I don't envy anyone tasked with writing the finale to a popular television program. Pleasing everyone is probably impossible, so I imagine that you stick to pleasing as many viewers as possible. Give the characters some sort of resolution (but not always redemption), don't make it too neat, but tie up most (but not not all) loose ends that have left viewers guessing. And whatever you do, don't leave them asking, "That's it? That's all I get?"
It's a terribly tricky line to walk, and the TV finale graveyard is littered with hits, misses and the, well, controversial. There's Six Feet Under's breathtaking death-apalooza, Lost's perplexing letdown and The Sopranos' quiet last meal at the diner. (Of course, Newhart's boomerang back to The Bob Newhart Show is TV legend, but for entirely different reasons.)
Ultimately, though, a TV finale should stay with you, long after you turn off your set. For me, The Americans ender hit that mark brilliantly. More than a week later, I can't get it out of my head.
I started watching FX's The Americans soon after it premiered in 2013, mostly because I'm into anything with spies. But if the tightly written espionage plots were the shot, the Cold War setting, the awesome 1980s soundtrack and Keri Russell were the chaser. I was instantly hooked. Except for the three years when I lived in London and watched it on iTunes, it was one of the few shows I caught at its appointed time rather than later on my DVR.
Showunners Joel Fields and Joe Weisberg never left me bored. Their genius was that, even though Elizabeth and Philip Jennings were doing terrible things (poor Martha), you rooted for them. But at the same time, you rooted for FBI agent Stan Beeman in his hunt to uncover the Soviet "illegals."
Hoping that both sides of a battle succeed made me realize early on that The Americans finale wouldn't give us a happy ending, nor could it just cleanly kill the Jennings off. So, I wasn't surprised that, when Stan finally figured out that his neighbors and best friends were spies, they were able to escape anyway. As almost every review of the finale has said, the 11-minute standoff between Stan and the Jennings in the parking garage was spine-tinglingly amazing. But even so, it's two shorter scenes later in the episode that haven't stopped pulsing through my brain.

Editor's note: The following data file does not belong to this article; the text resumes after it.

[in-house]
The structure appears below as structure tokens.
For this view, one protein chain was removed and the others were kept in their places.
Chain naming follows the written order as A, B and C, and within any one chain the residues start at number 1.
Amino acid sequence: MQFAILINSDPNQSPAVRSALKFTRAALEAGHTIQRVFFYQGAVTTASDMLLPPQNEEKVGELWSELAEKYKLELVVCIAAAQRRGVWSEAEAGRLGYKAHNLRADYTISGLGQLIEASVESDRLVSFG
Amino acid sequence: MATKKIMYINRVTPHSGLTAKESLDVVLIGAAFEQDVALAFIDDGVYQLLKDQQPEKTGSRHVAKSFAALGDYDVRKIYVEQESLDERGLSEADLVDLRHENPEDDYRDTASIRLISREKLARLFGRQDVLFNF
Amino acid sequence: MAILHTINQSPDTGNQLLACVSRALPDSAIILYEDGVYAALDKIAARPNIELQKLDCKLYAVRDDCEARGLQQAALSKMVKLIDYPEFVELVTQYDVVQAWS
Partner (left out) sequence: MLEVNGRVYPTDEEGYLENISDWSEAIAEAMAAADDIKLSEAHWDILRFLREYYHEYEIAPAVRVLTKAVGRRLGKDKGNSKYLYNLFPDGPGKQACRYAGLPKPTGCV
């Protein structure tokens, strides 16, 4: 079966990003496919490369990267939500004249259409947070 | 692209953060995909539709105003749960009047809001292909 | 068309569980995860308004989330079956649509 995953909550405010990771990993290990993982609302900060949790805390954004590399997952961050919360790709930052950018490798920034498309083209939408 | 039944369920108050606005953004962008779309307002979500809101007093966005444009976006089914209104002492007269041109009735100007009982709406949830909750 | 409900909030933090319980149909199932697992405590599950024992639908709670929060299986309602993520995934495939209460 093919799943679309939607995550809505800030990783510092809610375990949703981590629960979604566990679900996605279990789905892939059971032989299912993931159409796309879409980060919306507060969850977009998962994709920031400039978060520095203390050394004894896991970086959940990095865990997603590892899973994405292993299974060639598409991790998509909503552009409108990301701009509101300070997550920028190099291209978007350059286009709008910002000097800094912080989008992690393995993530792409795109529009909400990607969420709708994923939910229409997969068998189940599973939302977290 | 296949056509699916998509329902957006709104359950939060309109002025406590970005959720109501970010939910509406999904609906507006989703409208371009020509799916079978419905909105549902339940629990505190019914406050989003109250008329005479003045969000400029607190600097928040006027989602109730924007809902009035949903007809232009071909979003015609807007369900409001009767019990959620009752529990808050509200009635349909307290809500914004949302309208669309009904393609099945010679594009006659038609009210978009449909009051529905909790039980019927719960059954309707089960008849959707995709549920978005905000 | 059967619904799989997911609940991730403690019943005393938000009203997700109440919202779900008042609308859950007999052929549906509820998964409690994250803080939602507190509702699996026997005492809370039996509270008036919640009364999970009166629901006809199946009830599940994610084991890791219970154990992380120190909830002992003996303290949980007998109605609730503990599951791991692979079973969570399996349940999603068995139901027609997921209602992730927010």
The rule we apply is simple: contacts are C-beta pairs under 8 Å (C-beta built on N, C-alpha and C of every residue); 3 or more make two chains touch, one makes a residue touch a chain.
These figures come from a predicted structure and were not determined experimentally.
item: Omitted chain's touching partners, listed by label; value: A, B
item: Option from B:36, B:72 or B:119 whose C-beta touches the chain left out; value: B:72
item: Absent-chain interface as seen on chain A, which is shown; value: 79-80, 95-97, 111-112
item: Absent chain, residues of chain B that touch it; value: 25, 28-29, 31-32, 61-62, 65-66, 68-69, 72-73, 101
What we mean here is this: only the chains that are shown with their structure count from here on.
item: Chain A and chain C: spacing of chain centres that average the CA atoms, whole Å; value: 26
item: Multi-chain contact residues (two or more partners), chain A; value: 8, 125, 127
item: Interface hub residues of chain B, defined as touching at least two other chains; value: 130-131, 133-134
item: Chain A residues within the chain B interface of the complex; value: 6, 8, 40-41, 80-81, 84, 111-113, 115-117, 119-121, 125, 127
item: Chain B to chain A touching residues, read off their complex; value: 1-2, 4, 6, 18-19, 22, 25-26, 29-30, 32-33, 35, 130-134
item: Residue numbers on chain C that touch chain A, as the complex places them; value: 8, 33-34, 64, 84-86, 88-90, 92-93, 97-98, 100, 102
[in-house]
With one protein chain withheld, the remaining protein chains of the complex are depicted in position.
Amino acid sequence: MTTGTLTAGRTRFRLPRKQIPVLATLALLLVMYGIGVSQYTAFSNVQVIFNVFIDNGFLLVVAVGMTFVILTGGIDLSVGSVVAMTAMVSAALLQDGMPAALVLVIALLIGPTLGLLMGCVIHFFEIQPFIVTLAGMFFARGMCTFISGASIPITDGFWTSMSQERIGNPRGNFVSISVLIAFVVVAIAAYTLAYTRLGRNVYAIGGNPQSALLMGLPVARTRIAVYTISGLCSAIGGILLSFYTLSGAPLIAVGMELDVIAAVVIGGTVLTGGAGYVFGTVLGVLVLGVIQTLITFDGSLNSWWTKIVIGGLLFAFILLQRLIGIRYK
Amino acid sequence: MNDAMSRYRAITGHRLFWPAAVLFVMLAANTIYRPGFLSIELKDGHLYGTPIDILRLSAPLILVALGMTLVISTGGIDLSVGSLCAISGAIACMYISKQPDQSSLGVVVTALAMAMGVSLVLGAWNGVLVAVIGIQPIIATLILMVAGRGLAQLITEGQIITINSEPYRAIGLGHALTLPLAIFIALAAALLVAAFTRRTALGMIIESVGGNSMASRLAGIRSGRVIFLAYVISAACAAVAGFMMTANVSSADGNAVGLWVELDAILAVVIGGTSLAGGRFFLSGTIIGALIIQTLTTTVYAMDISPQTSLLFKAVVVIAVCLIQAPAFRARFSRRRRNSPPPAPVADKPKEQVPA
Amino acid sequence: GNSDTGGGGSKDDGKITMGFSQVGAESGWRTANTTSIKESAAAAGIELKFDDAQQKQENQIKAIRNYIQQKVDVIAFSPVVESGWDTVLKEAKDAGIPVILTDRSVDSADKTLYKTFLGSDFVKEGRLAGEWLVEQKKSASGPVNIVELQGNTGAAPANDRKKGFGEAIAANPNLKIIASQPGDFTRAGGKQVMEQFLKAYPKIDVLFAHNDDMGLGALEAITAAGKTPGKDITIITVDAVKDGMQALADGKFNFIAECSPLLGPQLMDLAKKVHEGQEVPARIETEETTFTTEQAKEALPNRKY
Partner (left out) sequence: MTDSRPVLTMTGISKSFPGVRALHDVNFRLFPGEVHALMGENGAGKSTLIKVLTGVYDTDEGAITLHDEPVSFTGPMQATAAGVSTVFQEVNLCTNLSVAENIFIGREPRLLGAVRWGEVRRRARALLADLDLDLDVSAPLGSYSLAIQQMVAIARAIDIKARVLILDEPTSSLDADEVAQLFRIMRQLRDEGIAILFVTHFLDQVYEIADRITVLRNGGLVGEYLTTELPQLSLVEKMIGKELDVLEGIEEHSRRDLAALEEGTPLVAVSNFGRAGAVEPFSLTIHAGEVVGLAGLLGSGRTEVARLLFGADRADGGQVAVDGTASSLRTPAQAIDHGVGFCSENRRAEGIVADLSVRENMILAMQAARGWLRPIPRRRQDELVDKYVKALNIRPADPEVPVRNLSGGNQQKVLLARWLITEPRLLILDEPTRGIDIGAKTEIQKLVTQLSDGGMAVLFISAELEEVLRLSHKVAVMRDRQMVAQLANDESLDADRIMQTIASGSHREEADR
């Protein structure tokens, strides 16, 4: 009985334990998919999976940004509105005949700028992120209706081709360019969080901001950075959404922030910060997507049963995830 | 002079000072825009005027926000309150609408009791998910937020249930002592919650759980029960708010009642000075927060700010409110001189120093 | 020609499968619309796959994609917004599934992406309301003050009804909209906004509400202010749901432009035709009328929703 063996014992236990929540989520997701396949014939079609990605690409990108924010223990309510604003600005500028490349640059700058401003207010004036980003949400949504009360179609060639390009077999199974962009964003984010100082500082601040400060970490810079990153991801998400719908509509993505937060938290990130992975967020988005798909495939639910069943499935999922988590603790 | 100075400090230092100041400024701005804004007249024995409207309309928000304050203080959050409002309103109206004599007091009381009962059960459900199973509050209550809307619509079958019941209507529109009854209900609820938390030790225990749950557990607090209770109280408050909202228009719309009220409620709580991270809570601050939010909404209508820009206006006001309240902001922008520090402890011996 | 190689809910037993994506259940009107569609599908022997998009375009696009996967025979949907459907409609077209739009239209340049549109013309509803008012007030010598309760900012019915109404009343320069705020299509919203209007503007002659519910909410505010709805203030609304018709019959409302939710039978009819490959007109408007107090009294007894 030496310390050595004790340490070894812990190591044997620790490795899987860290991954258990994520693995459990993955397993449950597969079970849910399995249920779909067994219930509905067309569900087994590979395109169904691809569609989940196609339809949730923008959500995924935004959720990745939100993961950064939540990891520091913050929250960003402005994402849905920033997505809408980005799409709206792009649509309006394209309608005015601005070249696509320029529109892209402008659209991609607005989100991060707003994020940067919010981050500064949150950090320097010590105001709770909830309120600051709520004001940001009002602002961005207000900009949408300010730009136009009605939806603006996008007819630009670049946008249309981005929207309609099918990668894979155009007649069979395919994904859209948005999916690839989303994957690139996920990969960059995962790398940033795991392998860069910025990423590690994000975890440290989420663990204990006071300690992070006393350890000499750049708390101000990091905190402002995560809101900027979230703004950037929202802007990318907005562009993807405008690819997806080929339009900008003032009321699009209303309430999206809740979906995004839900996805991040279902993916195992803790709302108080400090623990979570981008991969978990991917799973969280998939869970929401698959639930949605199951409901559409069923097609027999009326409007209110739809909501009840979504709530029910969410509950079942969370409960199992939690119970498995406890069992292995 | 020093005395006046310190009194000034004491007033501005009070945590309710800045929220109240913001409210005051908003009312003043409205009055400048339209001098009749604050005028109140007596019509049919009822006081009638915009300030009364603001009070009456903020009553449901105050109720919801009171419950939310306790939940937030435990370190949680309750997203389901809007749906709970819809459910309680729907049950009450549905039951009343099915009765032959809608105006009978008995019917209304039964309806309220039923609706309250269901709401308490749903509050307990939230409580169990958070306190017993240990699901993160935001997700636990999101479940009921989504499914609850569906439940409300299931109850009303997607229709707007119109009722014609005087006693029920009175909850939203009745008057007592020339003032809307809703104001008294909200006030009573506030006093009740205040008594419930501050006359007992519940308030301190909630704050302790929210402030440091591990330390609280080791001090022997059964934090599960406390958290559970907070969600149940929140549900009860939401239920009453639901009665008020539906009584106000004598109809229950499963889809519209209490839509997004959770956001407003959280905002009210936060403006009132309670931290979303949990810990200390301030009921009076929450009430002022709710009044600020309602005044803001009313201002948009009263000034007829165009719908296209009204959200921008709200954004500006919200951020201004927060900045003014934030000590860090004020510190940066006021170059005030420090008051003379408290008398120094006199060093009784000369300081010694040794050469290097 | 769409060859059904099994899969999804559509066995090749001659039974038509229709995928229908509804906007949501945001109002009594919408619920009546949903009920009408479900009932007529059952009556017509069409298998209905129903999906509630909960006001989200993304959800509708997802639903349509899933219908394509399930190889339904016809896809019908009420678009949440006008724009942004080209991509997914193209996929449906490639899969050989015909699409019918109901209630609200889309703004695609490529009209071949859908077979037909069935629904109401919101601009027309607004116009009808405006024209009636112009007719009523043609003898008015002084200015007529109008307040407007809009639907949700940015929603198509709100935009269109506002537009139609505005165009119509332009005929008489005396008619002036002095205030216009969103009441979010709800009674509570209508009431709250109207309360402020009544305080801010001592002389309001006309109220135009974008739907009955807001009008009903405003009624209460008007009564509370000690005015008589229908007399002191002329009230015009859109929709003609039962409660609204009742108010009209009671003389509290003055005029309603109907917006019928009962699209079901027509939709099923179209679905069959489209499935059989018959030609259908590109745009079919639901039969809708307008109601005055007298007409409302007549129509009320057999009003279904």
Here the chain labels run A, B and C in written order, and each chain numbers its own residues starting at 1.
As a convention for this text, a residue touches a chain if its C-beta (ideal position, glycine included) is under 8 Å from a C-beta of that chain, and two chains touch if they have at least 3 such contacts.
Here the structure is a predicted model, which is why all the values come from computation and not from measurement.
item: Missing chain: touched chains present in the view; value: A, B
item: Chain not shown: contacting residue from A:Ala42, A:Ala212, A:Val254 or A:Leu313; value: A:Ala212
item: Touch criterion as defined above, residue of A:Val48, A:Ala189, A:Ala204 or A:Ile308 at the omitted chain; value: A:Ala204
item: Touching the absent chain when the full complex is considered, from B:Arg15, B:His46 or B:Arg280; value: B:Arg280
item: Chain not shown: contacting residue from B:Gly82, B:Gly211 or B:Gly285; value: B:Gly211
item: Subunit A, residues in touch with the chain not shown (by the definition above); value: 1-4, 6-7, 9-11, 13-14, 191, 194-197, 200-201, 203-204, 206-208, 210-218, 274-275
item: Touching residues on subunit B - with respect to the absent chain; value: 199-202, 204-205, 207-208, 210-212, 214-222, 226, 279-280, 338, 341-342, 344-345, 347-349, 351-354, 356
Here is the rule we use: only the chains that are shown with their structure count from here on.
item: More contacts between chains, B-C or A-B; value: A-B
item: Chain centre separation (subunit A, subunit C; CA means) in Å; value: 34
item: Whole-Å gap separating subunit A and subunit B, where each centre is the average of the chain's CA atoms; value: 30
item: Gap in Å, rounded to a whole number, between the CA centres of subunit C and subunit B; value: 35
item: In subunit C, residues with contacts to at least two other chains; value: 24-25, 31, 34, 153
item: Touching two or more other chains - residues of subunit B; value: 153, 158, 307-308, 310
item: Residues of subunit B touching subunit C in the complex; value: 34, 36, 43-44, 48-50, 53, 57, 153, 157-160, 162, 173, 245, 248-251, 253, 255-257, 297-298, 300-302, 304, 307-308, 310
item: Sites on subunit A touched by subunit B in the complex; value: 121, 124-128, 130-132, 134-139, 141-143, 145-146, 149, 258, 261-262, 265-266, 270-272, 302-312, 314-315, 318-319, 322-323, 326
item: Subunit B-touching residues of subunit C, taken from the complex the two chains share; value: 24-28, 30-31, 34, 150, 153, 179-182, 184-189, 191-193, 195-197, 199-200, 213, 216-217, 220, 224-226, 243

The first is when Elizabeth, Philip and daughter Paige (who knows her parents' true identities) are on the run and stop to stash their IDs, wedding rings and other personal effects. Set to the mournful tune of Dire Straits "Brothers in Arms," they literally bury the fake Americans identities they had assumed for the last 20 years in service of Mother Russia. Elizabeth passes out the forged Canadian passports they'll use to escape the country before pausing briefly to bury the one they made for Henry, the son they're leaving behind. Damn... I said I wouldn't cry.
Not long after, the fugitive trio is disguised and seated apart on a train about to cross the border to Montreal. A dramatic pause by a US border guard while checking Elizabeth's passport (he's carrying a wanted poster with her photo) made me think for a second that she would be arrested. But, no, that would be too obvious so the train lumbers on. Elizabeth breathes a sigh of relief until she's horrified to see that Paige is on the station platform watching her speed away. Paige wasn't arrested either. She got off the train voluntarily.
OK, maybe using U2's With or Without You as the background music was a bit too on the nose (not that I'd agree), but that, my friends, is how a writer punches you in the gut. Russell's face gave a master class in acting as she expressed how your child abandoning you would feel to a parent, especially a parent that had worked for years to regain that child's trust and respect. Elizabeth devoted her life to opposing the American way of life, even as she lived it. She tried to win Paige's allegiance to the same Soviet cause, but in the end her daughter said no.
The final bit that got me was minutes later when Stan visits Henry at his boarding school. Though you can't hear the dialogue, it's assumed that Stan is telling him a triple whopper: his parents have been lying to him his entire life, they're actually spies working for the America's Cold War enemy, and they've abandoned him to an uncertain future. Good luck getting a job, Henry, and save money for your future therapy bill.
Yeah, maybe I'm projecting. But like I said, I can't stop thinking about it. That, and whether Stan's wife Renee is also a Russian spy.